North Dakota, a Native American (Lakota Sioux), she was raised by her grandparents on the Standing Rock Reservation. She was a member of the Hunkpapa Lakota part of the Fort Yates band of the Standing Rock Nation in Fort Yates, North Dakota. Cameron was in a 21-year relationship with Linda Boyd, with whom she raised a son, Rhys Boyd-Farrell. Cameron co-founded the Gay American Indians (GAI) in 1975 with Randy Burns(born 1955), a Native Alaskan. GAI was the first gay Indian organization. The reason for founding GAI, according to Cameron, was that Native American gay people had different needs and struggles than the gay white community. Moreover, there was in general a lack of support for people of color within the Gay and Lesbian community. In 1978, she contributed to the anthology Our Right to Love: A Lesbian Resource Book. She moved to San Francisco in the 1970s. In 1975, she co-founded Gay American Indians with Randy Burns. Cameron was a lesbian activist, poet, and writer. Being both gay and Native American put Cameron in conflict almost everywhere she was. In Gee, You Don’t Seem Like An Indian From the Reservation, Cameron wrote, “We not only must struggle with racism and homophobia of straight white America but must often struggle with homophobia that exists within out third-world communities.” She died of natural causes on February 12, 2002, and was survived by Linda Boyd, her partner of twenty years and their son.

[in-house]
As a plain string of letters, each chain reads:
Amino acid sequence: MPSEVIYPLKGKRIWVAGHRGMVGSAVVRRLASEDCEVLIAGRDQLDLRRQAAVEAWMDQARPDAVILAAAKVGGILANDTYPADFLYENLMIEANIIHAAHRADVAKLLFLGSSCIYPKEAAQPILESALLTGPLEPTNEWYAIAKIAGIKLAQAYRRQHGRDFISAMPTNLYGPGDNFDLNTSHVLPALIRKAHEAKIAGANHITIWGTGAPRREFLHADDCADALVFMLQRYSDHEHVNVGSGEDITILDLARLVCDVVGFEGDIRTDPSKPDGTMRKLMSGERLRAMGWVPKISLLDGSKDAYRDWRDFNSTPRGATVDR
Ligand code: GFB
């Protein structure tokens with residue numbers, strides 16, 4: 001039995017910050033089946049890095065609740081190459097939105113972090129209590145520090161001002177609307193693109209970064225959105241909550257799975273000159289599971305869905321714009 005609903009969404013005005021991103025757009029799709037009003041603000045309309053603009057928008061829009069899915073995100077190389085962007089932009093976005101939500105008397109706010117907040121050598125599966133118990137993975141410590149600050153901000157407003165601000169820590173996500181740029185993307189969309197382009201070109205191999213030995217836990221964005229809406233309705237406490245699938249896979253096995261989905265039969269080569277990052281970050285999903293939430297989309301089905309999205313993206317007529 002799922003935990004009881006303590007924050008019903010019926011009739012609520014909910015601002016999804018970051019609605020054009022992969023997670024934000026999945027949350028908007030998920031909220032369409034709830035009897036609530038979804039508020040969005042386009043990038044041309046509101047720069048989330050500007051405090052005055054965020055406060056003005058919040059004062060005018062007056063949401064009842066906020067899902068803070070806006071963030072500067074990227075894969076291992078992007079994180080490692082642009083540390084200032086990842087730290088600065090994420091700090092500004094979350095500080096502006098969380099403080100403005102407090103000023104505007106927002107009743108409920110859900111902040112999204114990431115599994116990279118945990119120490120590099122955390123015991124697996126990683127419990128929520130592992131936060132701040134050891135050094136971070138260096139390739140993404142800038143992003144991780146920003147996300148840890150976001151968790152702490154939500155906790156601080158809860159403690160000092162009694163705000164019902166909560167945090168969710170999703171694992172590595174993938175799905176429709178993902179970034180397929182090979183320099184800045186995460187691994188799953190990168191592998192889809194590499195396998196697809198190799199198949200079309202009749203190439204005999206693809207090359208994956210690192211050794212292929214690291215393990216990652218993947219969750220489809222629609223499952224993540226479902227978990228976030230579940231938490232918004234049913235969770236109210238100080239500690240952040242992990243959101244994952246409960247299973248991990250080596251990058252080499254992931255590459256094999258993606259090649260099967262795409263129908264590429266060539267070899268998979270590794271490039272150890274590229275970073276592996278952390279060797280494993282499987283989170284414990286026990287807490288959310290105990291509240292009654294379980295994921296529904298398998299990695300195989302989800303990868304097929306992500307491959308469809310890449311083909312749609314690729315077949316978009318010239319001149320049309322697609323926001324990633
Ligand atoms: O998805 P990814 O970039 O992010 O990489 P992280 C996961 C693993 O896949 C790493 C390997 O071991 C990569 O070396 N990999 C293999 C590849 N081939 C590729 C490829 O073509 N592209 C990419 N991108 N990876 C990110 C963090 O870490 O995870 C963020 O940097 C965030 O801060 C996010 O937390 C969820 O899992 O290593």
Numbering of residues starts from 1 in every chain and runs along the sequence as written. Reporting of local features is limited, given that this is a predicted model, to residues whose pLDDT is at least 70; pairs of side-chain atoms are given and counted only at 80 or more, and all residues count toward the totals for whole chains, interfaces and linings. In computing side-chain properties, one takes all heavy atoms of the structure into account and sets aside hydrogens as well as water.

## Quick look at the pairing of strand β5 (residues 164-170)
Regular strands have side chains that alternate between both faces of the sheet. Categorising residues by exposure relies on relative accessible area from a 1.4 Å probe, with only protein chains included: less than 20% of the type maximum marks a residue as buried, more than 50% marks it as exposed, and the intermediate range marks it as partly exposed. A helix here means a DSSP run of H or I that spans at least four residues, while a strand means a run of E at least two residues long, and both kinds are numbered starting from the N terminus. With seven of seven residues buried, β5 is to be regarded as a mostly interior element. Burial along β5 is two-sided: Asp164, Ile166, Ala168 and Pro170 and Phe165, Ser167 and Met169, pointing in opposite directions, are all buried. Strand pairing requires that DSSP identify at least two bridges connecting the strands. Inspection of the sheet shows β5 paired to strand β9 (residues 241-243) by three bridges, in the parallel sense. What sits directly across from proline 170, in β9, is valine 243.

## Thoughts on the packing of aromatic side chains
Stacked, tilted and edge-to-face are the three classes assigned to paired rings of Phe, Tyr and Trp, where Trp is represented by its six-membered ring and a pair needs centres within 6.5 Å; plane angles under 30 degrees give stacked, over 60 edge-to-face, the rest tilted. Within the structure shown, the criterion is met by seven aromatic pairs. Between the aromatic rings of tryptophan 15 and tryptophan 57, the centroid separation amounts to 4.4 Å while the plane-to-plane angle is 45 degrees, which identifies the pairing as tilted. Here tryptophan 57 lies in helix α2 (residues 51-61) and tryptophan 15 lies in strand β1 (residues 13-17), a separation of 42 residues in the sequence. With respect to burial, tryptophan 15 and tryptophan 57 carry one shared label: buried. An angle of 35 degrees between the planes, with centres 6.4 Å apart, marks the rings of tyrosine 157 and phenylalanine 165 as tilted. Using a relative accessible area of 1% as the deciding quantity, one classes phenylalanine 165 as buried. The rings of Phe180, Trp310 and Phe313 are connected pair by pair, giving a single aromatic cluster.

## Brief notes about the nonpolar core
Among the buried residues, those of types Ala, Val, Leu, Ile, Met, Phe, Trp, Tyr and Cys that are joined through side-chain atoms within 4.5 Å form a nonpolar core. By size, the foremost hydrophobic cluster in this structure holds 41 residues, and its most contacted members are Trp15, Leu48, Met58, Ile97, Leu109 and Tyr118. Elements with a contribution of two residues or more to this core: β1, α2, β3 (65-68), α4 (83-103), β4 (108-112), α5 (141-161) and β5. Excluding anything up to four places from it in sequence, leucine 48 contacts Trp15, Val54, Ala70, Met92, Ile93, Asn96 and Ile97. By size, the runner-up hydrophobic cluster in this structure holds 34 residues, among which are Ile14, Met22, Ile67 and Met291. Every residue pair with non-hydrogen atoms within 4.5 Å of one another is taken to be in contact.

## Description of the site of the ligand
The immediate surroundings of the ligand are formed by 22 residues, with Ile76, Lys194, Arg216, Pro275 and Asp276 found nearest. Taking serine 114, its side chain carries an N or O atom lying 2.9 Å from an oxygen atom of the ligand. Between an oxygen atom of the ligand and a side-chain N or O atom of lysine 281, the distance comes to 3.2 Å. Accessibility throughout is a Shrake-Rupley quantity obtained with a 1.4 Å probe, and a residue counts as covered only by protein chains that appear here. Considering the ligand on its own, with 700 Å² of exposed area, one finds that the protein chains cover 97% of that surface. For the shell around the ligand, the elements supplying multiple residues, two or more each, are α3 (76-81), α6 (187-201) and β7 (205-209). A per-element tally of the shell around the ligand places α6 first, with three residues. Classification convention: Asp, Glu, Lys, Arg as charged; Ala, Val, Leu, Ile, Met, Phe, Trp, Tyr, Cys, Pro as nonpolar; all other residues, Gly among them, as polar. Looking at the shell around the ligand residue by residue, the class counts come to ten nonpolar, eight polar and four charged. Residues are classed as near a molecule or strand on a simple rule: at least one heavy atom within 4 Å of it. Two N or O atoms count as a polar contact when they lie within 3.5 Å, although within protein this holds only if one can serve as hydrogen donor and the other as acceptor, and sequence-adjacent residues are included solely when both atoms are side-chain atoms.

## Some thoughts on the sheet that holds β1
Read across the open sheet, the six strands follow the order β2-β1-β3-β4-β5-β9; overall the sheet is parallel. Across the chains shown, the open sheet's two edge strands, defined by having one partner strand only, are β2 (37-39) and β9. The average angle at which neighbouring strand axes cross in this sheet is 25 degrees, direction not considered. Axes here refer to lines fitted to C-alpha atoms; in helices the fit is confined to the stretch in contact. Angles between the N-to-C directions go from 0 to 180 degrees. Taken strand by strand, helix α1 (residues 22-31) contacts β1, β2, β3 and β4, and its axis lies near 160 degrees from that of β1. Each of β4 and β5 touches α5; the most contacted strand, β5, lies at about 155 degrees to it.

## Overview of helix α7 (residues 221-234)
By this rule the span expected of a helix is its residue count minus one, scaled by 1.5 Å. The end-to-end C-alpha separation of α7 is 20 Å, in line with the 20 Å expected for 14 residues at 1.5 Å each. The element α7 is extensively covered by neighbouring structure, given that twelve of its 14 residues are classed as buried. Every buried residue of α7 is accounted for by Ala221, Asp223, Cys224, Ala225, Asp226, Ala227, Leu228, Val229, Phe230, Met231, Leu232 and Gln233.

May 22, 1955
Police in Bridgeport, Connecticut cancel a dance at the Ritz ballroom. Authorities say the cancellation is because they discovered that “Rock and Roll dances might be featured” and justify their action by citing “a recent near riot at the New Haven Arena” where Rock ‘n’ Roll dances were held.
The Civil Rights 60s: When the Boomers were under 30
05-22-1962 Hannan Kattan – Born in Jordan. She is a British-based film producer of Palestinian origin. Kattan has
produced three feature films through Enlightenment Productions including The World Unseen and the romantic comedy I Can’t Think Straight. After nearly 20 years together, she married writer and director Shamim Sarif. The two women created Enlightenment Productions and EBS Digital.
Barbra Streisand released the album “My Name Is Barbra,” a few weeks after her Emmy Award-winning television special of the same title aired on CBS.
May 22, 1966
In Hollywood, shooting began on the last original episode of the TV series “Perry Mason,” starring Raymond Burr. Erle Stanley Gardner, creator of the fictional lawyer, appeared in it as the judge. It was also the only episode in the series that was filmed and televised in color.